Union Collects Big Money for Members

Volume CVII, No. 5May, 2007

Money for musicians. That’s one reason Local 802 exists: to make sure that you get your fair share. In 2006, the union collected at least $2.25 million for musicians — and the figures are still coming in.

Most of this money was in the form of grievances: employers who were supposed to pay musicians, but didn’t. That’s when the union steps in to help get you what you deserve.

And it’s not just about missing wages, but missing health and pension, too — not to mention other benefits like cartage and parking.

In 2006, approximately $20,000 in wages were collected for the 24 musicians in the Broadway production of “Wonderful Town” when the star got sick and performances were cancelled.

The Theatre Department also collected over $45,000 in pension, health and work dues. The Helen Hayes Theatre in Nyack completed its payment plan for health and pension benefits that spanned the two years, as did the Off Broadway “Love Janis,” which had owed musicians money.

The producers of the show “Chef’s Theatre” paid in 2006 a total of $10,000 toward a $33,000 settlement that includes pension, health benefits and wages. The York Theatre also submitted back payments for work dues on five of their musical productions.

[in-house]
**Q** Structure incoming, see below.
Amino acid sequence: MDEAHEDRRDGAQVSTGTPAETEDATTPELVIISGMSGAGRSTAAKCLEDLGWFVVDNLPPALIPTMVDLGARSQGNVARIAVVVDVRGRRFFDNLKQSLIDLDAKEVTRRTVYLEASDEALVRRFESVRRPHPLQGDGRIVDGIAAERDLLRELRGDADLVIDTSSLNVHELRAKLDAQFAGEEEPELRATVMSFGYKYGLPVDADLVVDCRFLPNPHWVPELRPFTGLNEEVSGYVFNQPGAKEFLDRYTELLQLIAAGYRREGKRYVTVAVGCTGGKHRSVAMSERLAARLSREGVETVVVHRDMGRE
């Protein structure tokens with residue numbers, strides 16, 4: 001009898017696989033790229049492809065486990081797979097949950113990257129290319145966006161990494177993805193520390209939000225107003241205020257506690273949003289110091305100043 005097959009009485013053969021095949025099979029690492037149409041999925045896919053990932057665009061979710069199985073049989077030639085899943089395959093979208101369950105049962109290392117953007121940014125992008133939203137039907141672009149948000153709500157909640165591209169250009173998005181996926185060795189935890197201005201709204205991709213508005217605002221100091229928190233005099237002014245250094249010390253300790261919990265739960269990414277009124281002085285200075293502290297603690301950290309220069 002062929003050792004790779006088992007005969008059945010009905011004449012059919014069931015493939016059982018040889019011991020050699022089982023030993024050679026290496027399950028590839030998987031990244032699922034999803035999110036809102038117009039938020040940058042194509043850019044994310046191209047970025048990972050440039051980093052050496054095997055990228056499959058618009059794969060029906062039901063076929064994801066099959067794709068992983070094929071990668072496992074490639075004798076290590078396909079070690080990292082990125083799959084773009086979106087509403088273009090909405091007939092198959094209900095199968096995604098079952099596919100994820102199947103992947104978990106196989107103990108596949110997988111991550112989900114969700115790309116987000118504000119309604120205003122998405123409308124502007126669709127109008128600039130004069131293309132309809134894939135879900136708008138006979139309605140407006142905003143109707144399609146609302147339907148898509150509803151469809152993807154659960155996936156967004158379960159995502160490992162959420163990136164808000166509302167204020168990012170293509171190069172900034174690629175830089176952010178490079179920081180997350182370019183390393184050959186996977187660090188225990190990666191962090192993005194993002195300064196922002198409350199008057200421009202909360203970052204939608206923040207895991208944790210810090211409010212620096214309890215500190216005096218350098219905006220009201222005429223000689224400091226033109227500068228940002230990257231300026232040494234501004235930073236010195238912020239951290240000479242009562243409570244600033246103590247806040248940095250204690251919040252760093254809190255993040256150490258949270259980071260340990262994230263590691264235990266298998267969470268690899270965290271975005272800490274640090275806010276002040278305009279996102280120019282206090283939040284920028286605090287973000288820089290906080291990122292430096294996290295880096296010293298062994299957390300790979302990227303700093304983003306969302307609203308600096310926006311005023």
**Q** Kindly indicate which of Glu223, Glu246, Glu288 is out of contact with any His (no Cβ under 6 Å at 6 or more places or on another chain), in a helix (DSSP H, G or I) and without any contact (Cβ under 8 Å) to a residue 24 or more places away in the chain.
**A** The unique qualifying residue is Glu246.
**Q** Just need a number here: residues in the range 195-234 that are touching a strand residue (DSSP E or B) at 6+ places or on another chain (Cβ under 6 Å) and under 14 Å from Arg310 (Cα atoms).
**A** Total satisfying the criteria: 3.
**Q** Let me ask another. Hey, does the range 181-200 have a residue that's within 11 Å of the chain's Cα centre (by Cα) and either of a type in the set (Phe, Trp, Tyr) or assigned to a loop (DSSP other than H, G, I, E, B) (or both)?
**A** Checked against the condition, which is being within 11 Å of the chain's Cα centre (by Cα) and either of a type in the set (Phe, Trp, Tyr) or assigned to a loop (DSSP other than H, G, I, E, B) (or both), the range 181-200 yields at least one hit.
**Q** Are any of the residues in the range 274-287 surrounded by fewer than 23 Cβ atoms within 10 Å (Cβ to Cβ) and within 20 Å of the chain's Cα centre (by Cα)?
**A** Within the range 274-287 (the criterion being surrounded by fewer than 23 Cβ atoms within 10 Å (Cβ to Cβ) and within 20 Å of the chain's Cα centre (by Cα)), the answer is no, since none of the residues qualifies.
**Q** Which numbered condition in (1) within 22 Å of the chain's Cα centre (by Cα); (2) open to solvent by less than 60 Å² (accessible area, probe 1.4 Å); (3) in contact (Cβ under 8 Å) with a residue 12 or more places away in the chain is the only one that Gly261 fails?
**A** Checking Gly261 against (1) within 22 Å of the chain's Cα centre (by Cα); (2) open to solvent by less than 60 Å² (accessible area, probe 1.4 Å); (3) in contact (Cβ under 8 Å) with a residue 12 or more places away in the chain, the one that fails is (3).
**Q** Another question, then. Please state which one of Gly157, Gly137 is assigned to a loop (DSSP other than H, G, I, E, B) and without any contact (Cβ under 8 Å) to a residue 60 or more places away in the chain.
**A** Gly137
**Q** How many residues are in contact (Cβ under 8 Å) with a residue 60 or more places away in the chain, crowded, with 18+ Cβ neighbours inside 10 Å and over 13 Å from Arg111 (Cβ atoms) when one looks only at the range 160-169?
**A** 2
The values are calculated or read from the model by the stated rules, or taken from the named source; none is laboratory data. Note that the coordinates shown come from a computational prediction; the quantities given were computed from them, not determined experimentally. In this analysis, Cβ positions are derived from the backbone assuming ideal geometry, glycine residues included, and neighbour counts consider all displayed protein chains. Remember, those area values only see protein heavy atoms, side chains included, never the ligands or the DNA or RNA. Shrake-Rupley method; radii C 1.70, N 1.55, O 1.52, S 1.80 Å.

Slightly over $5,600 in wages was recovered for two musicians performing in the 2006 Radio City Music Hall Christmas Spectacular.

Concert Department grievances — which includes most classical music, freelance orchestras, opera and ballet — resulted in payments to musicians in the amount of $102,441.

The Club Date and Hotel Department recovered just over $51,500 for musicians in wages and benefits.

As usual, the Recording Department hauled in the most money for members, with a total of 353 grievances involving 3,315 session dates, recovering just over a whopping $2 million in wages and benefits for musicians in 2006.

Last year was also the highest total that the Recording Department collected in late penalties — money employers must pay to musicians when they are late with their initial payments.